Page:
The Presence of P22 Bacteriophage in Electrocautery Aerosols
Electrosurgery units, including lasers and electrosurgical cauterizers, are commonly used for both inpatient and outpatient procedures. The generation of an aerosol plume, associated with the use of these devices, is a result of many factors including: 1) direct aspiration of blood and body fluids, 2) direct heating and vaporization of cellular fluid causing cells to explode, and 3) the carbonization of cells and cell fragments at high temperatures. Although initial studies have concluded that these plumes create only a malodorous nuisance, subsequent research suggests the presence of potential chemical and pathological hazards, including bacteria and virus. Most scientific research has focused on the characteristics of aerosol plumes generated through the use of electrosurgical lasers. This study investigates the ability to transfer a viral agent (P22 bacteriophage) in a viable state, from solid virus-containing agarose growth media to an airborne aerosol. The results from this study will be used as an indicator of potential exposure for health-care workers involved in ESU surgical procedures.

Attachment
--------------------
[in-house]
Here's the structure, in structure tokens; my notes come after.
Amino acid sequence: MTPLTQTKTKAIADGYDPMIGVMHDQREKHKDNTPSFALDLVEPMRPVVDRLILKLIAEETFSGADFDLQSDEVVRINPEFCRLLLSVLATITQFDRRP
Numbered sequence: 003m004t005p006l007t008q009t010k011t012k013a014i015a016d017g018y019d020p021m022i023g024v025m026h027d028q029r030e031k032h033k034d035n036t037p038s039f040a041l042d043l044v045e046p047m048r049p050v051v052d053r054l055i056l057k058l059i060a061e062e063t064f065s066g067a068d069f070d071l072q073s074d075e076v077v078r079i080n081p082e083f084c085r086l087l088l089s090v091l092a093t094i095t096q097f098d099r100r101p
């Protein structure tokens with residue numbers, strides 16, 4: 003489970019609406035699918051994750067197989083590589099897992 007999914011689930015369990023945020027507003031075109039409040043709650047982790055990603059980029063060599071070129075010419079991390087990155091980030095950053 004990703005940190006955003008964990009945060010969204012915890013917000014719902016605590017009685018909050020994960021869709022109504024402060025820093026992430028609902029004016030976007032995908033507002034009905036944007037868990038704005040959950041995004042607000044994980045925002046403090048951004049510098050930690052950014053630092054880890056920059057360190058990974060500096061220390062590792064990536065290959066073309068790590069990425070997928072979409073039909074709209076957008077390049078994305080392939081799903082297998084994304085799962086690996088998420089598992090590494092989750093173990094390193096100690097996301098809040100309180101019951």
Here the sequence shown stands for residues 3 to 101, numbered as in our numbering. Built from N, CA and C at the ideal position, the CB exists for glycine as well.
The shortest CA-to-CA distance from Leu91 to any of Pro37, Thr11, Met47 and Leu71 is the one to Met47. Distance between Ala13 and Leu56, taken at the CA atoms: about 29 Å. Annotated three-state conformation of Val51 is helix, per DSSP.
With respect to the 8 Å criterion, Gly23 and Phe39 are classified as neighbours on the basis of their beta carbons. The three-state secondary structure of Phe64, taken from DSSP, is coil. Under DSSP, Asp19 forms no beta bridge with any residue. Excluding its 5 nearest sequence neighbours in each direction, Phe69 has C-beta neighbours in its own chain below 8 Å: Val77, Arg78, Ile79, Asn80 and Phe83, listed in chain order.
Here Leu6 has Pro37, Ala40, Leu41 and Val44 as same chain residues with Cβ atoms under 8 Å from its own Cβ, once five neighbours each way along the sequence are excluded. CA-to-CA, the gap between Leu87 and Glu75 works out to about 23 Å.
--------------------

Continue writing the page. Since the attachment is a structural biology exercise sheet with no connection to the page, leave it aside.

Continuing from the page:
Dale J. Stephenson, David A. Allcott, and Michael Koch. "The Presence of P22 Bacteriophage in Electrocautery Aerosols" Proceedings of the National Occupational Research Agenda Symposium, Salt Lake City, UT (2004).
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